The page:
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Avengers on the Radio designed, maintained and Copyright by Alan and Alys Hayes.

The Avengers is Copyright CANAL+IMAGE UK Ltd. No attempt to infringe this copyright is intended. 


The radio play is the form of performance closest to literature itself. Like literature, the success of a radio drama depends entirely upon the effect of words upon its audience. Unlike the Globe Theatre, it is a cockpit that can easily hold the vasty fields of France, since there is no dissonance between the eye and the imagination. True, the writer's words are abetted by a variety of sounds, not the least of which is the timbre and expressiveness of the actors' voices, but all sounds are merely an echo to the sense in a drama, even in opera.

As a writer, I've always been fond of radio plays. You don't have to worry about the director cutting your dialogue so he can insert a logically stupid but viscerally stunning visual effect in its place. (Has anyone else noticed how truly awful the writing is in most special effects movies?) If anything, for a radio play, even more words are needed. Since I usually get paid by the word (except for labours of love, of course, like this review), I'm all in favour of that.

One thing is certain: the FX in your head cost the producers considerably less than they do in a visual medium. For this reason, radio drama is a particularly effective solution to dramatising fantasy and science fiction. Long before The Lord of the Rings was produced successfully on celluloid, it had been well presented on radio. So what could be more natural than adapting the Brian Clemens-era Avengers episodes?

In a sense, of course, it's problematic, because everybody already knows what the episodes are supposed to look like. On the other hand, I can't claim I see Patrick Macnee when I listen to Donald Monat, although Steed's bowler and brolly are still in evidence.

Which brings me (at last) to From Venus With Love. As science fiction, the story is a complete disaster. Real lasers are silent. Real lasers do not dramatically increase ambient heat. Real lasers do not cover everything in their vicinity with white ash. Real lasers do not require the use of a parabolic dish antenna (as in the TV version). Despite all that, From Venus With Love has long been one of my favourite Avengers episodes because of all of the typical Avengerian quirks in the plot.

How can you not love Bertram Fortescue Winthrop-Smythe, the blue-blooded chimney sweep? (Note: Bert in the radio version is considerably less Bertie Wooster-like than in the TV version, but still an upstanding exemplar of the eccentric gentry.) How can you not adore Brigadier Whitehead fearlessly galloping between gramophones in performing his own radio play adaptation of his memoirs? How can you fail to be delighted with Primble's eye chart, portraying, as it does, images of different hats in place of the far more prosaic alphabet (or those boring 'E's pointed in different cardinal directions from my long ago youth)? And of course, there is the arch humour of the title itself, a gentle nudge in James Bond's ribs.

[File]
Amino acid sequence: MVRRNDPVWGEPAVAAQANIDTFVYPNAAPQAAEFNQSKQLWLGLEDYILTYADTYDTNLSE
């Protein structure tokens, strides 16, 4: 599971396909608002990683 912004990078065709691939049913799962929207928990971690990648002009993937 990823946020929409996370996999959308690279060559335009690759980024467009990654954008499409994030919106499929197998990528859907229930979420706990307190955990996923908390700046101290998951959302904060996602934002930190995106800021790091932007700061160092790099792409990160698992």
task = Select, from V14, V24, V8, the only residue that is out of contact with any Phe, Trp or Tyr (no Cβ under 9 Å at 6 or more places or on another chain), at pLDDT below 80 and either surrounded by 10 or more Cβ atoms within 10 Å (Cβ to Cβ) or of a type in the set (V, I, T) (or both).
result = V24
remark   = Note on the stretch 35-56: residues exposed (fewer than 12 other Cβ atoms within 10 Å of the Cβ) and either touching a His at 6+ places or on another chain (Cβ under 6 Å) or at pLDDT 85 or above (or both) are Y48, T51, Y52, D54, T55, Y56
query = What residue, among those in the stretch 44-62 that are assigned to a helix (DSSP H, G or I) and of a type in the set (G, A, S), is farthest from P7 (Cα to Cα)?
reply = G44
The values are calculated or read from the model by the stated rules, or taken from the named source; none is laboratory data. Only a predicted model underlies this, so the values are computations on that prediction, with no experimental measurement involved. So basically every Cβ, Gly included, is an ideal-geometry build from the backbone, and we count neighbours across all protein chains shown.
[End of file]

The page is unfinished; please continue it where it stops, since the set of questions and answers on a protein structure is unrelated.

One wishes to report that in this episode, in which the sonic has an importance far beyond that in any other Avengers episode, the radio play has triumphed. One wishes to report that comparison with the TV original is superfluous. Alas, one cannot honestly report these things. The radio version is not without its disappointments. Venus Brown was an attractive (if somewhat distracted) wide-eyed and youngish brunette in the TV version. On the radio, she is a twenty-something blonde bombshell, whose exaggerated come-hither vocalisations sound like they are being uttered by a forty-something torch singer. The slapstick climax of the TV version, which was filled with visual gags, could not be adapted successfully for the radio, making for a too-abrupt denouement.

But what of the all-important sound effects? Such effects are produced in radically different ways in the two media. Filmed television adds sound effects in post production, i.e., after the film is 'in the can', as we say in Hollyweird. This is done by 'Foley men' (presumably named after the originator of the technique). When you see a cinematic burglar step on broken glass and hear the crunch of his boot further fracturing the fallen fragments, the odds are overwhelming that it was added by a Foley man long after the actors had moved on to their next projects. Radio plays, on the other hand, stick much closer to their live broadcast roots. Sound effects are performed by various means, frequently by the actors themselves, as the scripts are being read into the microphones.

In the case of From Venus With Love, the critical sound effect is that of the high-powered laser. On TV, this effect was produced by combining several sounds, including a recording of a bullet ricochet being played backwards and an electrical discharge against a charged plate. In the radio version, the sound was obviously mostly electronically generated - coming off like some gizmo on the bridge of the Sixties-vintage incarnation of the Starship Enterprise. It has far less impact. (To hear the television effect, click this icon , courtesy The Avengers Forever.)

But all is not lost. There is a charming new scene at the beginning, where Emma and Steed are dining in a rooftop garden, and Appleby's and Monat's performances throughout are completely engaging. The droll humour of the narrator is on a par with other episodes.

And the tag sequence suggests an amusing alternative to Cold Water Omo.

Reviewed by James Lincoln Warren